From the earliest times humans have shaped and changed the landscape. Historical and modern-day examples in this interesting book show how natural habitats and wilderness areas are destroyed as people need more land for farming and to build towns and cities, and how increasing urbanization of populations is adding to the problem of carbon emissions that cause climate change.
This intriguing book explores the reasons why people migrate: pushesinvoluntary migrationsand pullsvoluntary migrations. Historical migrations examined include: the slave trade; the relocation of Native Americans; migrations due to famine in Africa; migrations linked to the wars in Afghanistan and Iraq; the Irish potato famine; the migrations of Jews around the world; and the Great Migration of African Americans from the south to the north.
All levels of our legal system are described, from the U.S. Constitution and the Supreme Court to local judges, courts, juries, and law enforcement agencies.
The Nile is the worlds longest river and the birthplace of one of the greatest civilizations of the ancient world. This book takes readers along the River in the Sand. Ancient Egyptians depended on the Niles annual floods to deposit fertile soil for farming. Today, more than 70 million people still grow crops in the rivers basin and fish in its waters.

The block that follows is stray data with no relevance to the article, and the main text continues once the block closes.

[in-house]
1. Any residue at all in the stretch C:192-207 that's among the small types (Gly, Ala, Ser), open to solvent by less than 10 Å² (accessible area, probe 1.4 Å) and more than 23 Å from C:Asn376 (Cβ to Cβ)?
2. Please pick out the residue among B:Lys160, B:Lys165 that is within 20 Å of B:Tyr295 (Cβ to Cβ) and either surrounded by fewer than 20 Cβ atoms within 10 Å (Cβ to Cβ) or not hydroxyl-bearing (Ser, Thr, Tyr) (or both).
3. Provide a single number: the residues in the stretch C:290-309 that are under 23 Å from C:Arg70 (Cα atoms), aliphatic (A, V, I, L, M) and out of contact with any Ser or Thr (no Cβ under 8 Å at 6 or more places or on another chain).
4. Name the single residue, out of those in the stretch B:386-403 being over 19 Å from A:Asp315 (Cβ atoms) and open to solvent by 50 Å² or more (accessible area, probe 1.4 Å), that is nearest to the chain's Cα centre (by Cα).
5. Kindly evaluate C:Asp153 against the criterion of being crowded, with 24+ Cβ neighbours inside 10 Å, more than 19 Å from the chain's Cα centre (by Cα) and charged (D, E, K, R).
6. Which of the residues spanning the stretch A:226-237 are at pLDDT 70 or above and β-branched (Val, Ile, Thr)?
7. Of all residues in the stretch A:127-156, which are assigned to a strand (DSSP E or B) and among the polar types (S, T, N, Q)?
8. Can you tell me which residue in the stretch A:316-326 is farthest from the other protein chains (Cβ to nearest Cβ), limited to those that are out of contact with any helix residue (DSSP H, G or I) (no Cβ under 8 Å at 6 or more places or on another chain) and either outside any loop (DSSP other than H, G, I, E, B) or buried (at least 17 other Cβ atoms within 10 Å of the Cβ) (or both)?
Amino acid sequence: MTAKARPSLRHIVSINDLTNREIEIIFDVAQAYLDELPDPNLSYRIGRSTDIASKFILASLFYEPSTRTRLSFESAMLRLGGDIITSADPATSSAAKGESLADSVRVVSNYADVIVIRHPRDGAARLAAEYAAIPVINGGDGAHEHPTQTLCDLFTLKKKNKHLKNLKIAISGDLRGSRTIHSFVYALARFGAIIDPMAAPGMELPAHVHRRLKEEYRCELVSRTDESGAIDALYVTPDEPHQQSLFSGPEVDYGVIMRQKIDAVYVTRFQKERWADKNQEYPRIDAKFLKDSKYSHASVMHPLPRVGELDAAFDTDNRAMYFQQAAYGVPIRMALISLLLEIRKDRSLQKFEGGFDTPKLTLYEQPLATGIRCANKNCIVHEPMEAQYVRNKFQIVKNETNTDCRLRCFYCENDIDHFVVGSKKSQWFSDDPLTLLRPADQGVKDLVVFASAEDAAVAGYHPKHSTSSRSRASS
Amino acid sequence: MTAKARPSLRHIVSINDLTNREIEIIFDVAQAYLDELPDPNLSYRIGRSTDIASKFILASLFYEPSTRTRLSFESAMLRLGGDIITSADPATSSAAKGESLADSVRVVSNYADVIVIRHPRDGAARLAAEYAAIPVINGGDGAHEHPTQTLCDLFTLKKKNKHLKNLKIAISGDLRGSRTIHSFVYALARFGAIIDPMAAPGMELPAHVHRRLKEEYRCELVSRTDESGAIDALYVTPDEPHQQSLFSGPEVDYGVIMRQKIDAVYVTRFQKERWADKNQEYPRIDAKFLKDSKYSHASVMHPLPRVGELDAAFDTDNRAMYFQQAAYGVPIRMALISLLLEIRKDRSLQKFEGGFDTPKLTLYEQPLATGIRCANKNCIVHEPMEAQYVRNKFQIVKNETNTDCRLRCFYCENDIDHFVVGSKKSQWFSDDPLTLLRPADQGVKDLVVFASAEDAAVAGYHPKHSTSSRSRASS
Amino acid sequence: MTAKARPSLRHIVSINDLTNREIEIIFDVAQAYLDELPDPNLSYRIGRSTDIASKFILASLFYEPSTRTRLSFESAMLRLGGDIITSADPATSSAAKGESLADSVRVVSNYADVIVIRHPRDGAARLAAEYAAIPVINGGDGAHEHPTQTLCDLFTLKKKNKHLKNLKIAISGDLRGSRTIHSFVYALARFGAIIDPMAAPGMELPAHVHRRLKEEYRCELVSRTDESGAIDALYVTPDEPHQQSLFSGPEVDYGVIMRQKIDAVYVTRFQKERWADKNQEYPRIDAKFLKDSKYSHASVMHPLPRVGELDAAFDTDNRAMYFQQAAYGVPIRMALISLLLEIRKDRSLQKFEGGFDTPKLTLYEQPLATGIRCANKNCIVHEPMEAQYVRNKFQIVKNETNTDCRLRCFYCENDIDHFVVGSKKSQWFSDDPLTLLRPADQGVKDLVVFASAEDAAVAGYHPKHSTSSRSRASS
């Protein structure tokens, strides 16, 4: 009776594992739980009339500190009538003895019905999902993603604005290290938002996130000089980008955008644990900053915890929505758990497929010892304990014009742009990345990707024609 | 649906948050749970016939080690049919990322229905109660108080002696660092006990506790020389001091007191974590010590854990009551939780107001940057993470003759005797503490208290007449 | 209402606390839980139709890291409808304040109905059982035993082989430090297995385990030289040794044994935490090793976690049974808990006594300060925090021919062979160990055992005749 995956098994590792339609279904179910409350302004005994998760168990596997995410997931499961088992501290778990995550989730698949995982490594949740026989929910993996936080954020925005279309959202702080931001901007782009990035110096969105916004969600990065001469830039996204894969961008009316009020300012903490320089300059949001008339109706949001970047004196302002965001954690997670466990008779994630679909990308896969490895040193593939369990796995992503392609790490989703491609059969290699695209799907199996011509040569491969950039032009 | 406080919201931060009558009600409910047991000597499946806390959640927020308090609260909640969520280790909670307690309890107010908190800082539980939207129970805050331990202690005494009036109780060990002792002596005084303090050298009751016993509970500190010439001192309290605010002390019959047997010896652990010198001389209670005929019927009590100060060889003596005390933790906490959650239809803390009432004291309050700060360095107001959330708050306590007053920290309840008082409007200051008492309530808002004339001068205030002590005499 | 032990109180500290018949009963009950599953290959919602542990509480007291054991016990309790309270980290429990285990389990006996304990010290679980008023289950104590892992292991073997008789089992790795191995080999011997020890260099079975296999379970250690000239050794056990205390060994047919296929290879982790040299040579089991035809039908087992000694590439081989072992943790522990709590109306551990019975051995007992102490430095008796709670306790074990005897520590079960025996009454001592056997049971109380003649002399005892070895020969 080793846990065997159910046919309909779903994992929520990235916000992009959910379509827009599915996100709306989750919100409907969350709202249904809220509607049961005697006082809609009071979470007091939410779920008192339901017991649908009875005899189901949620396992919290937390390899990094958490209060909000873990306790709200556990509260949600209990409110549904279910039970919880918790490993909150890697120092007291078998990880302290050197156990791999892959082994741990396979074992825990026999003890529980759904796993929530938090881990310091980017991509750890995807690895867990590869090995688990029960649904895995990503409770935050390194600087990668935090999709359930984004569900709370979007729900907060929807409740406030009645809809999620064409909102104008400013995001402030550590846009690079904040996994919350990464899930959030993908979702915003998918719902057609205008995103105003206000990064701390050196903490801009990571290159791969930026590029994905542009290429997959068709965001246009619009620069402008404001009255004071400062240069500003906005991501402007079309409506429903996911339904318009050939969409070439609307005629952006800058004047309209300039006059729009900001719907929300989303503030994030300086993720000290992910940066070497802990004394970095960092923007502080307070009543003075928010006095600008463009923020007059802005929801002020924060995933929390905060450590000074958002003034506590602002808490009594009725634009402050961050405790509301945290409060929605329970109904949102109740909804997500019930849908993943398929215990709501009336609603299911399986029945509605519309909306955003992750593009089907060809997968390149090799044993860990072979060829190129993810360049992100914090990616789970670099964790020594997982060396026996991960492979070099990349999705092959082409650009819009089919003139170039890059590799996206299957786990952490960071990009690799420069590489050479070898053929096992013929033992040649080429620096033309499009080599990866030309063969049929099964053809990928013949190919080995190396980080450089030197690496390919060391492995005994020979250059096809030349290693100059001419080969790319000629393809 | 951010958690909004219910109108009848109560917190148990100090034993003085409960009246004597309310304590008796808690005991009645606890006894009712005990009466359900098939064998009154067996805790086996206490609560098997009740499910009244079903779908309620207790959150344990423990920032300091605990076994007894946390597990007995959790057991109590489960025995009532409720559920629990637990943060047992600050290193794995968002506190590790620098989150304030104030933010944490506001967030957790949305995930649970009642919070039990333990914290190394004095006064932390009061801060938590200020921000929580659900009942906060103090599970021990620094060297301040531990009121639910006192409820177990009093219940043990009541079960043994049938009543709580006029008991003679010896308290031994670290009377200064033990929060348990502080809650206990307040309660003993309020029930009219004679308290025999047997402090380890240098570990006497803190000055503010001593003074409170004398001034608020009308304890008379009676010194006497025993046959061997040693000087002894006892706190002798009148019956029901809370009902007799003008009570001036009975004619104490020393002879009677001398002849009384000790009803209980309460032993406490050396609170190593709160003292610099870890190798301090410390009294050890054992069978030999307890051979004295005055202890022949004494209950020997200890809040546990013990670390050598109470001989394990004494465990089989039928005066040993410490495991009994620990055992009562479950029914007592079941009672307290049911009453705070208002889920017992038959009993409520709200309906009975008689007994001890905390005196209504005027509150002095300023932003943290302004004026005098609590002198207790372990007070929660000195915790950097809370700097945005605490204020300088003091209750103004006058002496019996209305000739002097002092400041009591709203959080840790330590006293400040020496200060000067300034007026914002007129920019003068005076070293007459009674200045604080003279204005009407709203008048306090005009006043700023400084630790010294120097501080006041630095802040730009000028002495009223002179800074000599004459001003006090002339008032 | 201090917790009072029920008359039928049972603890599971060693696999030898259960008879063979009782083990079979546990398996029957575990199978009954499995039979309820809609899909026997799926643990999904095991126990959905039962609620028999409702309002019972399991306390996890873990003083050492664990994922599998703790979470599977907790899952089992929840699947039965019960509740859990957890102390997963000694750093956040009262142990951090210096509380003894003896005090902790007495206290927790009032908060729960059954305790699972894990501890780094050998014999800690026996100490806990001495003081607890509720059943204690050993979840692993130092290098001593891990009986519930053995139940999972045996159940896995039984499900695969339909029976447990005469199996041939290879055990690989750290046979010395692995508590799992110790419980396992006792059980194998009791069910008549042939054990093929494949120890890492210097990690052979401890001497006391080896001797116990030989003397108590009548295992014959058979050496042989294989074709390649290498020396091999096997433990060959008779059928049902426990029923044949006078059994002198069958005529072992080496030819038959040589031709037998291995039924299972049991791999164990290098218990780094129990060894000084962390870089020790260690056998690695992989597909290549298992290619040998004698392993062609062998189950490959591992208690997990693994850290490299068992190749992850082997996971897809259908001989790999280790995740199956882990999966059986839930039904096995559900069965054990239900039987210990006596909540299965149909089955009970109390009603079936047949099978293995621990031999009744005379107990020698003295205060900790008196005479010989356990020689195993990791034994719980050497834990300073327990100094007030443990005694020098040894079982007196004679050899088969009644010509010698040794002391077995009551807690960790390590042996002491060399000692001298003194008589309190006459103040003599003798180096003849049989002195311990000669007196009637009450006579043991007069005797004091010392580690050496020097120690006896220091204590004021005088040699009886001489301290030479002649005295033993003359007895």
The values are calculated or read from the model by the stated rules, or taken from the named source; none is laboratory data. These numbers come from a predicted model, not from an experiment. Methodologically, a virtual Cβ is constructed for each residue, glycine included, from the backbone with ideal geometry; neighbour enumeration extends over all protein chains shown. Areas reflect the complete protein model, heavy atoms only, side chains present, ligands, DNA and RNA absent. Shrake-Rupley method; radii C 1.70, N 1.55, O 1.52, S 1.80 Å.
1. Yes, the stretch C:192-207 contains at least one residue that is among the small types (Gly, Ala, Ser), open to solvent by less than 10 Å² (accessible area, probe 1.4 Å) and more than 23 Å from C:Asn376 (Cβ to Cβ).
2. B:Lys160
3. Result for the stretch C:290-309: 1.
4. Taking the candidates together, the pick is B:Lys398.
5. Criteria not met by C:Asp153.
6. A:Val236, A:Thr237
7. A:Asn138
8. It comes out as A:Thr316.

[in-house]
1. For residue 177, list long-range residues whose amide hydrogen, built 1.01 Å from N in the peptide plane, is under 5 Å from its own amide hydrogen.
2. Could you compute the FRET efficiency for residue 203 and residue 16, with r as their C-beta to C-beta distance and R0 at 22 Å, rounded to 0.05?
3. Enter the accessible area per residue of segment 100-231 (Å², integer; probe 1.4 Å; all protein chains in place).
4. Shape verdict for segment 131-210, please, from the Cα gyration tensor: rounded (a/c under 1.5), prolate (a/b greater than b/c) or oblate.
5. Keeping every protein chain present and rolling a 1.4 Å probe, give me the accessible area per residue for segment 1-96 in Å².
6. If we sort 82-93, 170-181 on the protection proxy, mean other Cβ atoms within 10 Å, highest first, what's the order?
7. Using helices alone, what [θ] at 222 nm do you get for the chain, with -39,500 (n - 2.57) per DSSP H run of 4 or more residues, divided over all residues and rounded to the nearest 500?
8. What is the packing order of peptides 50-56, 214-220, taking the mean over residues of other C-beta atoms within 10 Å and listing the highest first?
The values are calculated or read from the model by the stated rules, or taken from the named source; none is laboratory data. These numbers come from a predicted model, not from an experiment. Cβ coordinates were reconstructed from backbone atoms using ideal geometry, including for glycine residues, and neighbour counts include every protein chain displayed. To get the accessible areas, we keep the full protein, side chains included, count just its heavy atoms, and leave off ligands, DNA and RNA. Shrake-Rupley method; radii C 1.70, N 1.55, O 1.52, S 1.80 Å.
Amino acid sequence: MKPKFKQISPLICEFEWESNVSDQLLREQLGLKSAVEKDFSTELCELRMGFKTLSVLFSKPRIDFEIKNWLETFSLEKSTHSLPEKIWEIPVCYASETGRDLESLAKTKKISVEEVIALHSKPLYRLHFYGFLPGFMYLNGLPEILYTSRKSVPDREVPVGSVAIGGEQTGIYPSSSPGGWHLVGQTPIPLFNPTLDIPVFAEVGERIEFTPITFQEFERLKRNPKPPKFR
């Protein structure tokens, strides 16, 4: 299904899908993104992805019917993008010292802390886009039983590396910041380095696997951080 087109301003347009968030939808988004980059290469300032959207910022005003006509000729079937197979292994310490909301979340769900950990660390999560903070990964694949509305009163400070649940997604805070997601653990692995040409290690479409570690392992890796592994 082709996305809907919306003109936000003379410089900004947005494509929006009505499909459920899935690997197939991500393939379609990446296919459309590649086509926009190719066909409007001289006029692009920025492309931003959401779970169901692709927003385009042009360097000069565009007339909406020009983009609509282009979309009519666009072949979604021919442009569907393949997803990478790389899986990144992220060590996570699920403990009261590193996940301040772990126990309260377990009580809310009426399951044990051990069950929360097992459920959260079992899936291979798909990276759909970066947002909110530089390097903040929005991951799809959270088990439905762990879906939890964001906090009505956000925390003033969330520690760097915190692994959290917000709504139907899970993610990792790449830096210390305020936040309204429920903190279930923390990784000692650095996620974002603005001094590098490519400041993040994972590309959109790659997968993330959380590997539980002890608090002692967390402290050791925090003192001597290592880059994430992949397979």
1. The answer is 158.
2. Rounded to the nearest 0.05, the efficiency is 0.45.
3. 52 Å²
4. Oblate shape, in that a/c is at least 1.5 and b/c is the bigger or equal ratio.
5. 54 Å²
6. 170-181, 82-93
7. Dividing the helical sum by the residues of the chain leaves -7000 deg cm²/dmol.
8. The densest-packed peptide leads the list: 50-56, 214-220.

This engaging book highlights the Rhine River, a major transportation route in Western Europe. Fairytale castles and picturesque vineyards provide scenic stretches between Basel, Strasbourg, Cologne, and Rotterdam. Cooperation by Switzerland, France, Germany, and the Netherlands has helped restore the rivers health.
This informative book follows the St. Lawrence River, once a main route of the fur and timber trades. This important commercial waterway forms part of the boundary between Canada and the United States and connects the Great Lakes with the Atlantic Ocean. Today, a system of canals, dams, and locks lets seagoing ships travel all the way to Lake Superior.
The Tigris and Euphrates rivers surround a region once known as Mesopotamia, the "cradle" of ancient civilizations that included Sumer, Babylonia, and Assyria. This fascinating book follows both rivers from where they begin in Turkey, travel down through northern Syria and Iraq, and join to form the Shatt al Arab before emptying into the Persian Gulf.